Numerous archaeological remains in Lincolnshire and the surrounding area have been unearthed as part of the on the onshore construction phase of Ørsted's Hornsea Project One offshore wind farm.
When fully operational in 2020, it will be the world’s largest offshore wind farm capable of producing power for well over one million homes. The wind farm will be located 120km off the Yorkshire Coast, and the onshore cable route runs for approximately 40 km from Horseshoe Point, east of Tetney, to a new substation in North Killingholme, North Lincolnshire.
Aerial view of saltern site, North Coates
The team at Wessex Archaeology have been working with Ørsted since August 2015, alongside staff from consultants Royal Haskoning DHV and contractors J. Murphy & Sons Limited. Work has included trial trenching, excavation, watching brief, earthwork survey and historic building recording during pre-construction and construction phases of the project. The archaeological works throughout the scheme have been monitored for three local planning authorities by archaeologists from North Lincolnshire Council, North East Lincolnshire Council and Lincolnshire County Council, as part of planning conditions.
Richard O’Neill, Wessex Archaeology Project Manager said:
“Large linear schemes like this can be challenging; we’ve had seventy people working on the scheme over two years with some pretty inclement weather at times. Work has included excavation of two Iron Age settlement sites in North Killingholme, prehistoric farming activity and a Romano-British settlement in Stallingborough, Romano-British settlement sites in Tetney and Holton-le-Clay, and medieval moated sites in Harborough and South Killingholme.
"One of the more interesting finds was a medieval burial found near Killingholme. The individual was not buried at the medieval hospital or cemetery which we know existed three miles to the north west. The body was actually found in the upper level of a field boundary, on the outside of a moated enclosure.”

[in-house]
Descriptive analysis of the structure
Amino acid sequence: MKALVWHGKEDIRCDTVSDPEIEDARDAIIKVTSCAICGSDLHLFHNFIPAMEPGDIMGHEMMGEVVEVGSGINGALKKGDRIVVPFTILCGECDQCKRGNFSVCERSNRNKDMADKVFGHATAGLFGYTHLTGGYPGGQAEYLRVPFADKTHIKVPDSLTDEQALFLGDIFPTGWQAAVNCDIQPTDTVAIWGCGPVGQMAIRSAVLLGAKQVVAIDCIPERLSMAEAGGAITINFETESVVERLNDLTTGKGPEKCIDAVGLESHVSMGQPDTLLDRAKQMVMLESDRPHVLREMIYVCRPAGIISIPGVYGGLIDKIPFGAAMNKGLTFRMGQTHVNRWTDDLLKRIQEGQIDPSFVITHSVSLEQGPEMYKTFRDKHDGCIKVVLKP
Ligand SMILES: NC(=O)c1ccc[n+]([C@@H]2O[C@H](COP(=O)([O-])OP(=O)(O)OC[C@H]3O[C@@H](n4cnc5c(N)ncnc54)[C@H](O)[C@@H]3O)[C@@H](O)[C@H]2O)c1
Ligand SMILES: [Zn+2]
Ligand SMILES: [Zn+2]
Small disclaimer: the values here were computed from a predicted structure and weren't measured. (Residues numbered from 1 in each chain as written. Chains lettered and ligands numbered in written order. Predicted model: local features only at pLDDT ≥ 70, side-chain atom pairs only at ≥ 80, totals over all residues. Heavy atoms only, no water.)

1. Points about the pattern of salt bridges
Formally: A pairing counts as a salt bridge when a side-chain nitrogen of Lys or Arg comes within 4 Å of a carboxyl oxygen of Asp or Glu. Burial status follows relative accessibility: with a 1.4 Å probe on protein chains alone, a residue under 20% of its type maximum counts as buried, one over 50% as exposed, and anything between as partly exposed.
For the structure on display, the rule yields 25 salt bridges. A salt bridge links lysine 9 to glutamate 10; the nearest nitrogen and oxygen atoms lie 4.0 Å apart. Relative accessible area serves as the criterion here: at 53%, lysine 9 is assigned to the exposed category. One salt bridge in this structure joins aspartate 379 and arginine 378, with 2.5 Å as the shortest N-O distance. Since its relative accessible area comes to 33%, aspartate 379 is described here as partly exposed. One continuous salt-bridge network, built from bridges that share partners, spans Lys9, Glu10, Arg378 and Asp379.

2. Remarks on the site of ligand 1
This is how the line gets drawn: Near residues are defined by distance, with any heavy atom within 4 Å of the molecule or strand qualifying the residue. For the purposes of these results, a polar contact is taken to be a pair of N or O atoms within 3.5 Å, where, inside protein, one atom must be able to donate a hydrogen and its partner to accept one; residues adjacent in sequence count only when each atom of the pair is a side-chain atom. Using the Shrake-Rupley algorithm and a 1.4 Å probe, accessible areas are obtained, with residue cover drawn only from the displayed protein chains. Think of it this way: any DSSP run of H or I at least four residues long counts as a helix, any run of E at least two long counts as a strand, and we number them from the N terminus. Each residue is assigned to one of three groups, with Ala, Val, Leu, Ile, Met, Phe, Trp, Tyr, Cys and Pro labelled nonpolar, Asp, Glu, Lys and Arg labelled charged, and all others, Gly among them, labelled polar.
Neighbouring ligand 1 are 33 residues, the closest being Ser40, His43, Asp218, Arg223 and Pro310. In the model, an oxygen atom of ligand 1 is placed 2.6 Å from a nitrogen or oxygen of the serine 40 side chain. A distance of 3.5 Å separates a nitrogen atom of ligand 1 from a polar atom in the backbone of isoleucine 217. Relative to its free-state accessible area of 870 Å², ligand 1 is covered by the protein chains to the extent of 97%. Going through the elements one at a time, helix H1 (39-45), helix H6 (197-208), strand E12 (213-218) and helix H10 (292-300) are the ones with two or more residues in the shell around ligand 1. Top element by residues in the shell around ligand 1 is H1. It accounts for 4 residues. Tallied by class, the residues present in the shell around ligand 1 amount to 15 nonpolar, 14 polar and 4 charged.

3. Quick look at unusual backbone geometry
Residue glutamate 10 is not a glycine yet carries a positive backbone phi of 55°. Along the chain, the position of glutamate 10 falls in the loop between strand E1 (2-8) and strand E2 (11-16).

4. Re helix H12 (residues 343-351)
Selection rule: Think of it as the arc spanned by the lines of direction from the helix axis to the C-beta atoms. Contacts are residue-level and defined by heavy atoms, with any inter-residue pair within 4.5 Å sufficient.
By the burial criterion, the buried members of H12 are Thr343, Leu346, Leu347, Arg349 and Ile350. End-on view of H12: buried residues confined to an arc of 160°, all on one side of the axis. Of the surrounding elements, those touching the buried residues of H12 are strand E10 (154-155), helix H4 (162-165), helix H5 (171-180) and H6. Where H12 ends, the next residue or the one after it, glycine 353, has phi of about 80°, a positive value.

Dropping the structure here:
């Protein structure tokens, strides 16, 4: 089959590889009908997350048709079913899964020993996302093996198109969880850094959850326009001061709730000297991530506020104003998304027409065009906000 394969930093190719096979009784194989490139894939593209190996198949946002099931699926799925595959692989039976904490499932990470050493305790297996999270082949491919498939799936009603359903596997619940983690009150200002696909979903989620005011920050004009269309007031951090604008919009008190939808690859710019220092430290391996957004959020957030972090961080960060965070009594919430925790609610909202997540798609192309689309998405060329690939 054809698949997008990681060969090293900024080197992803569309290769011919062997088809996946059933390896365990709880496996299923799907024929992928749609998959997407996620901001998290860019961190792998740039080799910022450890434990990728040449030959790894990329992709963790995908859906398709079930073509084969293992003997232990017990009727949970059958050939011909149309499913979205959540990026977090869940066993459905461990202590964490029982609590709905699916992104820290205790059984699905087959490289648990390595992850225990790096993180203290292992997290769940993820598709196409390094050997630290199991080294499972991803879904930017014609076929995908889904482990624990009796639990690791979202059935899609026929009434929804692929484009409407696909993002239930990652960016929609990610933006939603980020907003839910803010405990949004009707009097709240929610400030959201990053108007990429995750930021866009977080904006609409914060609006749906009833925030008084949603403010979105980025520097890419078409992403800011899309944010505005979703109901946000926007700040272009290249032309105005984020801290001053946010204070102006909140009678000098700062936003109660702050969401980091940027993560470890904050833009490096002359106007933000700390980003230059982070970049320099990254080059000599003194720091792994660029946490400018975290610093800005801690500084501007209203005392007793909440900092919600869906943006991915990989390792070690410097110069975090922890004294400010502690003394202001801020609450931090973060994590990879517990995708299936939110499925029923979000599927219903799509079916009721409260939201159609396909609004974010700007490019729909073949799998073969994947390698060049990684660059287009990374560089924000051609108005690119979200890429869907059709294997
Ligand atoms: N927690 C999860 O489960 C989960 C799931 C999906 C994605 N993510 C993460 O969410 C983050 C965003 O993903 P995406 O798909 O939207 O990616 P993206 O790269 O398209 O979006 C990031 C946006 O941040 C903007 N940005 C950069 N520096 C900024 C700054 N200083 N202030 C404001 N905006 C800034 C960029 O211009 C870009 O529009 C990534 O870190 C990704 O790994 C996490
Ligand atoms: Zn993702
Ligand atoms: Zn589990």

Key finds from the scheme have included:
- Two human burials (one medieval and one Roman) near Killingholme
- An array of finds predominantly pottery and animal bone, but also metalwork (coins, fragmented brooches, a ferrous knife and nails) and quernstones
- Marine and fresh water shells were commonly found; oysters seem to have been a particular favourite in Tetney during the Roman period
- Recovery of Bronze Age pottery at a site in Holton-le-Clay
- Further late prehistoric / Romano-British settlement activity in Tetney
- Evidence of an unexpected Anglo-Saxon settlement in Laceby with finds from the site including a decorated worked bone comb, worked bone pins and spindlewhorls
- Two medieval / early post-medieval salt production sites (salterns) in North Coates.
Medieval ditches and ceramic
Bronagh Byrne, Environment and Consents Manager from Ørsted said:
“Most people wouldn’t associate renewable energy sources with historical artefacts, but it just goes to show the variety of activities needed to build an offshore wind farm.
“We are burying our cables as we understand the sensitivity to the surrounding landscape and the importance this is to local stakeholders and residents. A lot of work goes into deciding where the cables will be buried, including environmental and technical assessments and considerations from local stakeholders. Working with Wessex Archaeology, we can be confident that any artefacts are handled delicately and we’re delighted to see they’ve unearthed so many items spanning decades of history.”
All the archaeological excavations have been completed in advance of cable installation. Archaeological monitoring during excavation of the cable trench is ongoing and further monitoring will be carried out during reinstatement works in key areas, with monitoring fieldwork scheduled to be completed in 2018.
Post-excavation assessment and reporting work is also ongoing with over 27,827 artefacts recovered weighing 569 kg in total being processed, along with approximately 8000 litres of soil. The results of the archaeological excavations will be published in due course providing an insight into how the landscape of this part of Lincolnshire has been both utilised and transformed from prehistory through to the present day.